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Is This An Order I See Before Me? Simultaneous Ranking and Categorization in Humans and Other Primates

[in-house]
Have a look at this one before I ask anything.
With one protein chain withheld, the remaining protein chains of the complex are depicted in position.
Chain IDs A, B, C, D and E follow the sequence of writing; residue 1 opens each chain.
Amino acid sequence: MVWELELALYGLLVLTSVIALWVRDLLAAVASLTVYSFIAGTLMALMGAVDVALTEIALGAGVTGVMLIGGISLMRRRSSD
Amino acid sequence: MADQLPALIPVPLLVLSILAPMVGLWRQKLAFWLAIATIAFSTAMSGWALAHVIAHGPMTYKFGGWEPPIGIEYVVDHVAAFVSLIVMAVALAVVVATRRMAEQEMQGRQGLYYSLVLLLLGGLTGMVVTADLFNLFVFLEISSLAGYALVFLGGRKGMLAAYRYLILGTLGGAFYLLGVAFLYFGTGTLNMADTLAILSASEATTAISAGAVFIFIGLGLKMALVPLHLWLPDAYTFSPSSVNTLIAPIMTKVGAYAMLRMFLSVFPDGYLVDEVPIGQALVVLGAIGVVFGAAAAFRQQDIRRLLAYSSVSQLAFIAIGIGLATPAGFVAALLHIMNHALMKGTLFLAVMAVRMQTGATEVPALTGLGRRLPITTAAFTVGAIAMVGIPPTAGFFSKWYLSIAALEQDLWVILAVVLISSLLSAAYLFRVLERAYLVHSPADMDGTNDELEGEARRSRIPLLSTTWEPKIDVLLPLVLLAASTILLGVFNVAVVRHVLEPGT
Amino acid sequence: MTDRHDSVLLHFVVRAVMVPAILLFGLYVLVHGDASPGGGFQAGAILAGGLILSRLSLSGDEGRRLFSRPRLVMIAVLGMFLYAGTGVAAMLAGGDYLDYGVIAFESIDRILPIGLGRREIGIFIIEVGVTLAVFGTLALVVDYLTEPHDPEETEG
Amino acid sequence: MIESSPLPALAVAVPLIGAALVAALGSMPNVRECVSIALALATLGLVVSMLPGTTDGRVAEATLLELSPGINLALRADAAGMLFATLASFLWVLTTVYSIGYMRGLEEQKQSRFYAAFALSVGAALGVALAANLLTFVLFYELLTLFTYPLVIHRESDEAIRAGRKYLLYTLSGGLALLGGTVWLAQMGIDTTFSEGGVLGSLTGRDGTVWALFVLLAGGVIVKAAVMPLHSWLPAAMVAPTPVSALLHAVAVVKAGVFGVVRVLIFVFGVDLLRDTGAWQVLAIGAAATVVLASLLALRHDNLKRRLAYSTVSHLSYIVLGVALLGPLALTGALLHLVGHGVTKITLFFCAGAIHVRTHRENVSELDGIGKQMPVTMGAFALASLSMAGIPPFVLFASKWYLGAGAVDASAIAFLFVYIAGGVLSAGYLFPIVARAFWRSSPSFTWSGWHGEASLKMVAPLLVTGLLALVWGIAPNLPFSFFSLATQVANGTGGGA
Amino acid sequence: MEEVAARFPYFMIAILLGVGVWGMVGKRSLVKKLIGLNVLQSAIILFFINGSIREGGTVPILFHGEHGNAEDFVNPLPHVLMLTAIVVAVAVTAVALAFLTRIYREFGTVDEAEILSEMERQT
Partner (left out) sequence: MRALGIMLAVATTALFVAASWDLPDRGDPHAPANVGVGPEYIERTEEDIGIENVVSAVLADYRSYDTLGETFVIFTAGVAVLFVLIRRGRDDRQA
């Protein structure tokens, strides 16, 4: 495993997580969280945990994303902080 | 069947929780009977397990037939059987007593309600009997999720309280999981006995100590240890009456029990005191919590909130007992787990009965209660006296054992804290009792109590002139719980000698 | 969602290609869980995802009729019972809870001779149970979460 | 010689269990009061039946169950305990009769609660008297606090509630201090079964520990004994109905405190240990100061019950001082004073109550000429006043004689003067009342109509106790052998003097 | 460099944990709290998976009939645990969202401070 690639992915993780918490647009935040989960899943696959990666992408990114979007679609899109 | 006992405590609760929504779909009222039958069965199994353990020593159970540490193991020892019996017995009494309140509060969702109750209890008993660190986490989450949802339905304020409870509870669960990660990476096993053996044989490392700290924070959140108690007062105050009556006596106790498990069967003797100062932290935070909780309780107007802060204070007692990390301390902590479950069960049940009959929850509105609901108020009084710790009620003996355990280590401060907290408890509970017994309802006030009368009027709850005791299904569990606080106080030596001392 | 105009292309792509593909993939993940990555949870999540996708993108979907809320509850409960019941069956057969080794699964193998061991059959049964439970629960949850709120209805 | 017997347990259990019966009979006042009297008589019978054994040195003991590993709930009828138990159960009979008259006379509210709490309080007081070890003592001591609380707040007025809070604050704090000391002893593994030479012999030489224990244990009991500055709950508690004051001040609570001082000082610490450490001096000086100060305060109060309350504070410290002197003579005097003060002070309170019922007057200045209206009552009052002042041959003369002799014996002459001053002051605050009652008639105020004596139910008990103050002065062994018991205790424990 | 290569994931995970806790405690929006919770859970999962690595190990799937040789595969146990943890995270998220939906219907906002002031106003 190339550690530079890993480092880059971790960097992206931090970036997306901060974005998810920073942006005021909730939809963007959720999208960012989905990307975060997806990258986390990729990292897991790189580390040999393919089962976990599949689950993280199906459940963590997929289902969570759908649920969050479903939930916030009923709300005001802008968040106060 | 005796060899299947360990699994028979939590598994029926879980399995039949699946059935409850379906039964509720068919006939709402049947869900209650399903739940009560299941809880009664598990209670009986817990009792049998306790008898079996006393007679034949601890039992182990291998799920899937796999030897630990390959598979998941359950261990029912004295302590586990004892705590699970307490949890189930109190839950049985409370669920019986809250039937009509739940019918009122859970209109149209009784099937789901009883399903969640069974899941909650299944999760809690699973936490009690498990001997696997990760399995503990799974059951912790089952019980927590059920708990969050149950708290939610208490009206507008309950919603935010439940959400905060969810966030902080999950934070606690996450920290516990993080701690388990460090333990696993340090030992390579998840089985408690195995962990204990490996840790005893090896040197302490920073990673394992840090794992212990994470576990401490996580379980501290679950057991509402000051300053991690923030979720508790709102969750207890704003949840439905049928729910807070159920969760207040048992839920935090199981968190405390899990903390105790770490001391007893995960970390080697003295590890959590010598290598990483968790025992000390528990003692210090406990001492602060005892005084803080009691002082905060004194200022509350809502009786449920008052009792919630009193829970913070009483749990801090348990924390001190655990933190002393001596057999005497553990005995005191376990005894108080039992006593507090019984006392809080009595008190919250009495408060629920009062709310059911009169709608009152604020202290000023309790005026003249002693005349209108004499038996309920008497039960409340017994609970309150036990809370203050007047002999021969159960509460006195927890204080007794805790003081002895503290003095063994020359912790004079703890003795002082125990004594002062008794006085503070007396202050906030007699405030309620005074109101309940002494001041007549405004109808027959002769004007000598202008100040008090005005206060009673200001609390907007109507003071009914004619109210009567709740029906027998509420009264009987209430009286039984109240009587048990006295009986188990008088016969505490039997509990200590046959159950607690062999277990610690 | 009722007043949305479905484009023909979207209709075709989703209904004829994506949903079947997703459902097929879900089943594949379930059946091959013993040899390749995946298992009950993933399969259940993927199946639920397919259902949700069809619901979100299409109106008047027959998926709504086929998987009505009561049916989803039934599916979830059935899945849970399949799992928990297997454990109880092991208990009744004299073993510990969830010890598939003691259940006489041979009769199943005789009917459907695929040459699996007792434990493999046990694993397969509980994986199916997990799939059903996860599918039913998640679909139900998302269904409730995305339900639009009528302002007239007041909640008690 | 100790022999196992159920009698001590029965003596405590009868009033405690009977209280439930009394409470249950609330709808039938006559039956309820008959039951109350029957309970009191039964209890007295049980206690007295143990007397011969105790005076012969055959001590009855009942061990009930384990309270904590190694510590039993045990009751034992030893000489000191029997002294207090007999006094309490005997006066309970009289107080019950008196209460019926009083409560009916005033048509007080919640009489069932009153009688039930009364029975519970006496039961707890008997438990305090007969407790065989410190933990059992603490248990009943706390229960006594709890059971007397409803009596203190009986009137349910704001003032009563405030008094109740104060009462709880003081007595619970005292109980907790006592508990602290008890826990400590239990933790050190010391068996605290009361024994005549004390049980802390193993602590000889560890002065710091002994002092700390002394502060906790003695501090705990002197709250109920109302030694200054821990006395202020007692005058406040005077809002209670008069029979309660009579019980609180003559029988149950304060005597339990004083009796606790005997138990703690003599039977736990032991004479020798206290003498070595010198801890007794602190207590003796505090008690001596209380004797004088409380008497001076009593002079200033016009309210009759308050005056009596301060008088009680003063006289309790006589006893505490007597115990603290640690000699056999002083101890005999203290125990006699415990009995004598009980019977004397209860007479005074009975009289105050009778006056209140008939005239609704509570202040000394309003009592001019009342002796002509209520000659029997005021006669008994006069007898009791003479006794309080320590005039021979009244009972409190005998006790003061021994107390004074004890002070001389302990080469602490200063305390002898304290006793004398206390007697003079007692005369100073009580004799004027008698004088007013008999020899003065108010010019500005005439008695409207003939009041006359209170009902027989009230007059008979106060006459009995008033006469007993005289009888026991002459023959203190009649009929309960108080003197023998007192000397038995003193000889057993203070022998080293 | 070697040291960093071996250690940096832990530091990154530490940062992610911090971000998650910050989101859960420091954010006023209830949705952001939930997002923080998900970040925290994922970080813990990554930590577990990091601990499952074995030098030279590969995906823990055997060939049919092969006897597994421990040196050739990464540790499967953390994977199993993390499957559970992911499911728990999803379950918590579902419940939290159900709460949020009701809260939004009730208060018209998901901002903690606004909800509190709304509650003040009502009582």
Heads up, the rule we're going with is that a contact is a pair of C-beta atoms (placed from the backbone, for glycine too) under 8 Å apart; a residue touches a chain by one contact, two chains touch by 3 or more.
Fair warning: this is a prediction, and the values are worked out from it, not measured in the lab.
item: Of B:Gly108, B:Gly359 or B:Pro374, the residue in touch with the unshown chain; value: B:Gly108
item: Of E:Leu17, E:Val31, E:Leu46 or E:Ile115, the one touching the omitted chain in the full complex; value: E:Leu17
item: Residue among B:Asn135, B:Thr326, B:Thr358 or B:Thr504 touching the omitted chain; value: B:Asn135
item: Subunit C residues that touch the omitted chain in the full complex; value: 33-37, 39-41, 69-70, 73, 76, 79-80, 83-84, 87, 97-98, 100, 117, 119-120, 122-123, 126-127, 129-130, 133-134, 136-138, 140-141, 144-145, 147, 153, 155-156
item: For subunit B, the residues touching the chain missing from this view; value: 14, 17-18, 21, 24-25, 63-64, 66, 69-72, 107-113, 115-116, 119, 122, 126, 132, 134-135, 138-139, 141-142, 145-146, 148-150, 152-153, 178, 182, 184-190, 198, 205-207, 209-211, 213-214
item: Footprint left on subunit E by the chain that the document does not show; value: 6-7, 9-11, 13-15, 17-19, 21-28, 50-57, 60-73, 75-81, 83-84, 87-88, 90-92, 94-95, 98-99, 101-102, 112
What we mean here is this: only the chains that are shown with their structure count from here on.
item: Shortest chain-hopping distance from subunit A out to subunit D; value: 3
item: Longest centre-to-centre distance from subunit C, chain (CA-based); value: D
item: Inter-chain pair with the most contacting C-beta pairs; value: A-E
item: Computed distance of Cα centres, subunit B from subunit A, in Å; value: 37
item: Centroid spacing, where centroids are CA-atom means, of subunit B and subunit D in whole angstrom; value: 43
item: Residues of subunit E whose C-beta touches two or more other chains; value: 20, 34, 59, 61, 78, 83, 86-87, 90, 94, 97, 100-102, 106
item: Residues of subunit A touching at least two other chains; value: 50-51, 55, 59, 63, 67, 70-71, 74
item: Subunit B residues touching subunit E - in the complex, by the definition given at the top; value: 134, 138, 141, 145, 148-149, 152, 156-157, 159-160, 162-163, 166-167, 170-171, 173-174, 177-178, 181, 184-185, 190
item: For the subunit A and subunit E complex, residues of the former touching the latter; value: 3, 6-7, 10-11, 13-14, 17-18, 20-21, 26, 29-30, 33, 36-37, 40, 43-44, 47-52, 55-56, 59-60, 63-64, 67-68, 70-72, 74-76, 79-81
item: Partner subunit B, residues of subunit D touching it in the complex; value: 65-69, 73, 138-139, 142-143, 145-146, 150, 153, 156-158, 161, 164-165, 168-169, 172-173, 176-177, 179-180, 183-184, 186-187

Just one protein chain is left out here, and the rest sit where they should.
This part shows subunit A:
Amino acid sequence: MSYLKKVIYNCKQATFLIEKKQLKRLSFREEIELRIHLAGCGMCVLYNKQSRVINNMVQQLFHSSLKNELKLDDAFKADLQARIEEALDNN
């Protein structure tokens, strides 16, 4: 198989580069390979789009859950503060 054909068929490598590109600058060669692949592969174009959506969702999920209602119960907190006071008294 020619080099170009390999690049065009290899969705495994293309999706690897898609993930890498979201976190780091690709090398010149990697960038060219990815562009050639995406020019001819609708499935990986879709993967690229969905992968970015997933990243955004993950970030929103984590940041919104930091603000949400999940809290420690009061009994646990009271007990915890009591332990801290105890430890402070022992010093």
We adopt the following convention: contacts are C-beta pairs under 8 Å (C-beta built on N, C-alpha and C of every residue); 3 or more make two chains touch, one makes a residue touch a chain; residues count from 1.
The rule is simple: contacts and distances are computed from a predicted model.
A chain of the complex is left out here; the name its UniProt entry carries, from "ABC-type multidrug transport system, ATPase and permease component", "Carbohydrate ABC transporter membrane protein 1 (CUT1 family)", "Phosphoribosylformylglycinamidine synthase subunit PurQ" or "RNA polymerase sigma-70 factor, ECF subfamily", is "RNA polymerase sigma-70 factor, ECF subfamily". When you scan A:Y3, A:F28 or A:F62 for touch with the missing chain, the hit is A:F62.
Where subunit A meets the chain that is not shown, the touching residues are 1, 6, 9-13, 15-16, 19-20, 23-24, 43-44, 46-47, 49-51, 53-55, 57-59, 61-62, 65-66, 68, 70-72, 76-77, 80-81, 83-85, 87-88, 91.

When making choices, it helps to have preferences, not just for individual items but for whole classes of items. The flexible process of bundling things into categories is therefore essential to making decisions rapidly and consistently. This aptitude is present in many species, suggesting that it evolved long before our human capacity for language. My colleagues and I tested both humans and rhesus monkeys using a series of tasks that required both the categorization of photographs and the deduction of an unknown ordering to those categories, all accomplished without any verbal instruction. Both monkeys and humans were able to solve these tasks, even when the categories were unfamiliar and abstract. This suggests that primates generally (and not merely humans) can form and express consistent preferences for whole categories of items, even while in the process of learning those categories for the first time.

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